WILMINGTON, Del. – A New Castle County Council resolution that called for Council to act as the public sponsor for a $1.8 million state grant for the construction of a road adjacent to the New Castle Town Center was defeated Tuesday night in council chambers due in part to the Gordon administration’s concern with it becoming the site of a super Walmart store which could adversely affect mom and pop stores throughout the county.
The property is currently owned by a closely related company of Stoltz USA. John Tracey, attorney for Stoltz, was in attendance for the meeting.
New Castle County Chief Administrative Officer David Grimaldi told council prior to its vote that the Gordon administration was recently approached to be the municipal sponsor for this application for a Delaware New Jobs Infrastructure Grant with the Delaware Economic Development Office. The Executive Office researched the matter and determined that Greggo & Ferrara and then Stoltz had owned the property, and that plans were in the works to likely bring a super Walmart to the site.
“This is something that we can’t support,” Grimaldi said. From everything we’ve heard Walmart would in fact be the tenant. That’s one of the reasons we’re not supporting it.”
As mentioned in Resolution 13-137, Greggo & Ferrara Inc. had successfully applied to DEDO for grant funds with support from the prior Clark administration and the Delaware River and Bay Authority on behalf of the nearby New Castle County Municipal Airport. Clark’s former top aide said the grant was to be used to construct a new road at the New Castle Town Center that would connect Old and New Churchman’s Roads, upgrade Old Churchman’s Road from U.S. Route 13 to the new road, widen and add turn lanes along a quarter mile of Churchman’s Road and install a traffic light at the intersection of Churchman’s Road and the new road.
But the application process with the state had to be begin anew once the land was transferred from Greggo & Ferrara to Stoltz. State law required the local municipality, in this case New Castle County Government, to be the sponsor. When the Executive Office declined to support the new application, Councilman George Smiley (D-New Castle) attempted, in an unprecedented move, to have County Council act as the sponsor.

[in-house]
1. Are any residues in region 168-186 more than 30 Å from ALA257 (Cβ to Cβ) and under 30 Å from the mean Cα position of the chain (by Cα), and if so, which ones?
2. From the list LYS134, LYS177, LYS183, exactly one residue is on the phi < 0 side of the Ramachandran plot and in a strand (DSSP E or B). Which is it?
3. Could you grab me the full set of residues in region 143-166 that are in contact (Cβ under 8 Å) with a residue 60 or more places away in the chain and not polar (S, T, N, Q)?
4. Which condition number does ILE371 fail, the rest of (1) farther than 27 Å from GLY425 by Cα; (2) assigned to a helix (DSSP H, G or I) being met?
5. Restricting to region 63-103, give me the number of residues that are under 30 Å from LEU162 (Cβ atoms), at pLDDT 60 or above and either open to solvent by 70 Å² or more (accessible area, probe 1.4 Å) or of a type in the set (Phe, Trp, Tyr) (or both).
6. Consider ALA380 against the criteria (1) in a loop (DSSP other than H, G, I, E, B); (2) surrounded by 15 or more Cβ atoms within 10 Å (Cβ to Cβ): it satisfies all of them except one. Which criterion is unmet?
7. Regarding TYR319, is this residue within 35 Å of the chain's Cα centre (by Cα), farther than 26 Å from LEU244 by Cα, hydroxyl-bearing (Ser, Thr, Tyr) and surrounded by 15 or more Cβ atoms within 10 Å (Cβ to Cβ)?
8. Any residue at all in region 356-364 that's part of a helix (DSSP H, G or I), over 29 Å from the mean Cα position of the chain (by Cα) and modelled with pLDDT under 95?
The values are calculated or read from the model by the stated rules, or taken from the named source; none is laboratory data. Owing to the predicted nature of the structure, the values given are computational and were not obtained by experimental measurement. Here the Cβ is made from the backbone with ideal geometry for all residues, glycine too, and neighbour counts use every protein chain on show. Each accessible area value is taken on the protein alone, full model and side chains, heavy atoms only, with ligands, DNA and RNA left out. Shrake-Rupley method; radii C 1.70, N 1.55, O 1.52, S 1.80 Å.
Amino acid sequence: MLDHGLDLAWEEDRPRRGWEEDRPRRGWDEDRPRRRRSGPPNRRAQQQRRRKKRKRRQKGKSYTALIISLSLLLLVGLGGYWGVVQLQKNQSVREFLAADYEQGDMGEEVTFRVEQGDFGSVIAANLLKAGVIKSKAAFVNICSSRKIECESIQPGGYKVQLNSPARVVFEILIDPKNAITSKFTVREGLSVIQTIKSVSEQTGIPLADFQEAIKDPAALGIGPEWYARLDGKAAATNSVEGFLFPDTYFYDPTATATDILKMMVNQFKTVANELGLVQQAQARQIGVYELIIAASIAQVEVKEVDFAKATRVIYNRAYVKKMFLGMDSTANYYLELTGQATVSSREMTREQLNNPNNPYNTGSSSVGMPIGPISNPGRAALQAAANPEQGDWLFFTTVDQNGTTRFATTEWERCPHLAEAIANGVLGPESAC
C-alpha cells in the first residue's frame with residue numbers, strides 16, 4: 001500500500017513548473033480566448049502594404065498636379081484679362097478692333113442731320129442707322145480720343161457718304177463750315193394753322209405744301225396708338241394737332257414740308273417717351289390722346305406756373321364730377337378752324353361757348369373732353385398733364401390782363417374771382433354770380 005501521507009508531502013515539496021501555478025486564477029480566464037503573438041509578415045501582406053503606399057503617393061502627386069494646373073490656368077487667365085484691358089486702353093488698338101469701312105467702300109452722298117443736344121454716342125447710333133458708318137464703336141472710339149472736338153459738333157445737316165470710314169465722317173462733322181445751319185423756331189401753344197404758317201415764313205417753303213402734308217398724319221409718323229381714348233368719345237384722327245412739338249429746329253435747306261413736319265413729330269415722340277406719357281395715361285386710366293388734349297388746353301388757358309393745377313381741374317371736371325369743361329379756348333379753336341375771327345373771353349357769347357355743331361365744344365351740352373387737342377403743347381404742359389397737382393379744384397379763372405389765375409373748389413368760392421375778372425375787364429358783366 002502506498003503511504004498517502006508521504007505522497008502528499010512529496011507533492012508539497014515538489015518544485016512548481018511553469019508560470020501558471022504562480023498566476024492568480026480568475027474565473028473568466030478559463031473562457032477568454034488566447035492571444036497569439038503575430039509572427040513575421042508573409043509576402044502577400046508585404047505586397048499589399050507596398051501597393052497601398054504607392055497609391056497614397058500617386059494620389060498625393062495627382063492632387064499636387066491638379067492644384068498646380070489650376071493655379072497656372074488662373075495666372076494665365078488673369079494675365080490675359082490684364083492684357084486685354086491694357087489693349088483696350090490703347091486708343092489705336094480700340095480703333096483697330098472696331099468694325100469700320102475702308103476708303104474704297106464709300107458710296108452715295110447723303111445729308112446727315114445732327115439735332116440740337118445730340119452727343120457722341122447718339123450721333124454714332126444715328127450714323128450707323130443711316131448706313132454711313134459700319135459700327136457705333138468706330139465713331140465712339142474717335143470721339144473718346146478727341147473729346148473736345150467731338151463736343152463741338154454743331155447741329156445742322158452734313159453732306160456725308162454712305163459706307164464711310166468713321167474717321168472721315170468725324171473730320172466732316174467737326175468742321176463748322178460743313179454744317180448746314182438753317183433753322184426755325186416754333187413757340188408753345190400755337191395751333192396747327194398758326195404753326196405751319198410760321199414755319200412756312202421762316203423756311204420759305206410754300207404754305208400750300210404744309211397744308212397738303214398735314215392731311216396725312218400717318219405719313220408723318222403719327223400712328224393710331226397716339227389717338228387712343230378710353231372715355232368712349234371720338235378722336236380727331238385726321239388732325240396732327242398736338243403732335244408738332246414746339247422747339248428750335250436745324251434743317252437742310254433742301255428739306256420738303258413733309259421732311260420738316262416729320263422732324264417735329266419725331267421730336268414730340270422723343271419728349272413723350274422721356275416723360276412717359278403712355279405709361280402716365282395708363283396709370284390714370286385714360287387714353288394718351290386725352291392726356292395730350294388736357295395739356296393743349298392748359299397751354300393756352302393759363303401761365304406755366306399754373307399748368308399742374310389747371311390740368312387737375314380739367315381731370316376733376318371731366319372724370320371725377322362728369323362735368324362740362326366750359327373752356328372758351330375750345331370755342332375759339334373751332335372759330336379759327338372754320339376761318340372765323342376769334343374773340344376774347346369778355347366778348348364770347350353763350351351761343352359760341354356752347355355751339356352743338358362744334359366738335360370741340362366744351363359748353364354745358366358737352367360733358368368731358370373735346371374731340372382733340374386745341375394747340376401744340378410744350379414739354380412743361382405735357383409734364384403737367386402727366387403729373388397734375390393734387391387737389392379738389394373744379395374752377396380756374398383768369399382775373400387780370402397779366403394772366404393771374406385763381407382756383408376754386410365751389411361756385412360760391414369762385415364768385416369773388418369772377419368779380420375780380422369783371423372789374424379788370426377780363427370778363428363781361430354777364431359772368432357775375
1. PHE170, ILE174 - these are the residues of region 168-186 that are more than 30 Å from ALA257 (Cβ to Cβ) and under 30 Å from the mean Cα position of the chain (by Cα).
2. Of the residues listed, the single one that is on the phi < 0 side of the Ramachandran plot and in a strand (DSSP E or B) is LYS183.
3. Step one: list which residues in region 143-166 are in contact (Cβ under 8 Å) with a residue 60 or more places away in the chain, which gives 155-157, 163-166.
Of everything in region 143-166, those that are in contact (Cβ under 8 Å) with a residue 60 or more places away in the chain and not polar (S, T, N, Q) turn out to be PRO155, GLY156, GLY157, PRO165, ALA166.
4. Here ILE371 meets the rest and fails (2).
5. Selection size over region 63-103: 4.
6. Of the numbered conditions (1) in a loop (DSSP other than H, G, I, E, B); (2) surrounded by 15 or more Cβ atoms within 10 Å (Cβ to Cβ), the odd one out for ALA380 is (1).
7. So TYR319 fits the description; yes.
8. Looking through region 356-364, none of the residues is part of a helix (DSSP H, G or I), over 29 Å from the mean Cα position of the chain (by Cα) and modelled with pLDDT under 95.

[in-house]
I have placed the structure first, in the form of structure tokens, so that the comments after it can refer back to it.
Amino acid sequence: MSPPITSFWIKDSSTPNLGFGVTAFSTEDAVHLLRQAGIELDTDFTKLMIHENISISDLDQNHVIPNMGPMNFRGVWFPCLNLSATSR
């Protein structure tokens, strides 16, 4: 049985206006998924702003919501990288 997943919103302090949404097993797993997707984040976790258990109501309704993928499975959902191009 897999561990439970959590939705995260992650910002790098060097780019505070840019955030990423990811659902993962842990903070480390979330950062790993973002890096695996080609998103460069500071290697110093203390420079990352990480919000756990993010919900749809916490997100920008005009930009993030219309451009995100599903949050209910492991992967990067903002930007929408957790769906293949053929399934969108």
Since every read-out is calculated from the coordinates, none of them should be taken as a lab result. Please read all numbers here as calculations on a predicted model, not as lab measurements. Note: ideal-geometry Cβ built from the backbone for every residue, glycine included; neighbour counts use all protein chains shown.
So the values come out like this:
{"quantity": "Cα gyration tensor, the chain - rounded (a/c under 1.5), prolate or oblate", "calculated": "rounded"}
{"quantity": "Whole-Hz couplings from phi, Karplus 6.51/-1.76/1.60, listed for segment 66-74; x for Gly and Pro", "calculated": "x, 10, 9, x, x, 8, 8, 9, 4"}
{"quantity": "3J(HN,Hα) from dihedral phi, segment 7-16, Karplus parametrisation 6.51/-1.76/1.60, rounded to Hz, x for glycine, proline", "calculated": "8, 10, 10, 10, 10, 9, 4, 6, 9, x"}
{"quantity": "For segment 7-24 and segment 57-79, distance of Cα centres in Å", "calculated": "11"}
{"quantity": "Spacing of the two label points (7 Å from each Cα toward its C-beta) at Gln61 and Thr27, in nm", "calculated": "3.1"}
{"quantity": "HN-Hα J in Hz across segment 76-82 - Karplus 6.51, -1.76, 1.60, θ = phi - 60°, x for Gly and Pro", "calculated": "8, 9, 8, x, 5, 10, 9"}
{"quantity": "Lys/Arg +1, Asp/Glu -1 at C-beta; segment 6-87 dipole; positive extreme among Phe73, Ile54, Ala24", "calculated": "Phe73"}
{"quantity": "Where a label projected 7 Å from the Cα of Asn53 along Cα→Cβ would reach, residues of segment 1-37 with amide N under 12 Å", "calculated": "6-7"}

Smiley mentioned several times in committee and within the regular meeting in council chambers that he did not know who the tenant of New Castle Town Center would be.
Grimaldi noted that the “unclean hands” argument pertained to this property since this was a gravel pit site and the law was changed to include gravel pits within the definition of “redevelopment” along with all of the perks and benefits associated with it. That likely increased the value of this property, he added.
Furthermore, Smiley sponsored legislation to give away 2.15 acres of county land adjacent to the property in question as surplus land, Grimaldi said. Now, Stoltz was applying for nearly $2 million of state money to build a new road on our former property.
“So, our land was given away to DelDOT for free so that we could build a road right next to this Stoltz property,” he said. We think this deal still has quite a few questions and we’d like to get answers before we sign on as any kind of a sponsor.”
Grimaldi said giving away county land for free rather than making Stoltz build the road on its own land was “fiscally irresponsible.”
Councilman Jea Street (D-Wilmington South) said this resolution “was replete” with language from the former administration. In addition, Street wondered why this resolution was put on the fast track without all questions being answered.
Councilmen William Powers (D-Townsend) and Robert S. Weiner (R-Brandywine Hundred West) noted that Council had been asked to vote on this grant application although no one on council had the opportunity to see the actual application. They attempted to make a motion to table the resolution, but Smiley would not entertain it.
Nonetheless, council voted 6-5, with two abstentions, to oppose the resolution. Weiner refrained from voting while Councilman William Bell (D-Middletown) recused himself due to the fact that he was an employee at the Delaware River & Bay Authority.
During public comment, David Dunphy, a lobbyist with United Food and Commercial Workers Local 27 – which represents employees at Pathmark, Acme and others – said he did not know if Walmart was coming to the site in question.
“But we still have concerns over who might be coming,” Dunphy said. “I don’t want to go through a long talk on Walmart and our feelings on their record. But who that tenant is does matter. All jobs are not created equal; there are better jobs – jobs with healthcare, jobs with sustaining wages.”
After the meeting, Grimaldi said the vote was a victory for New Castle County.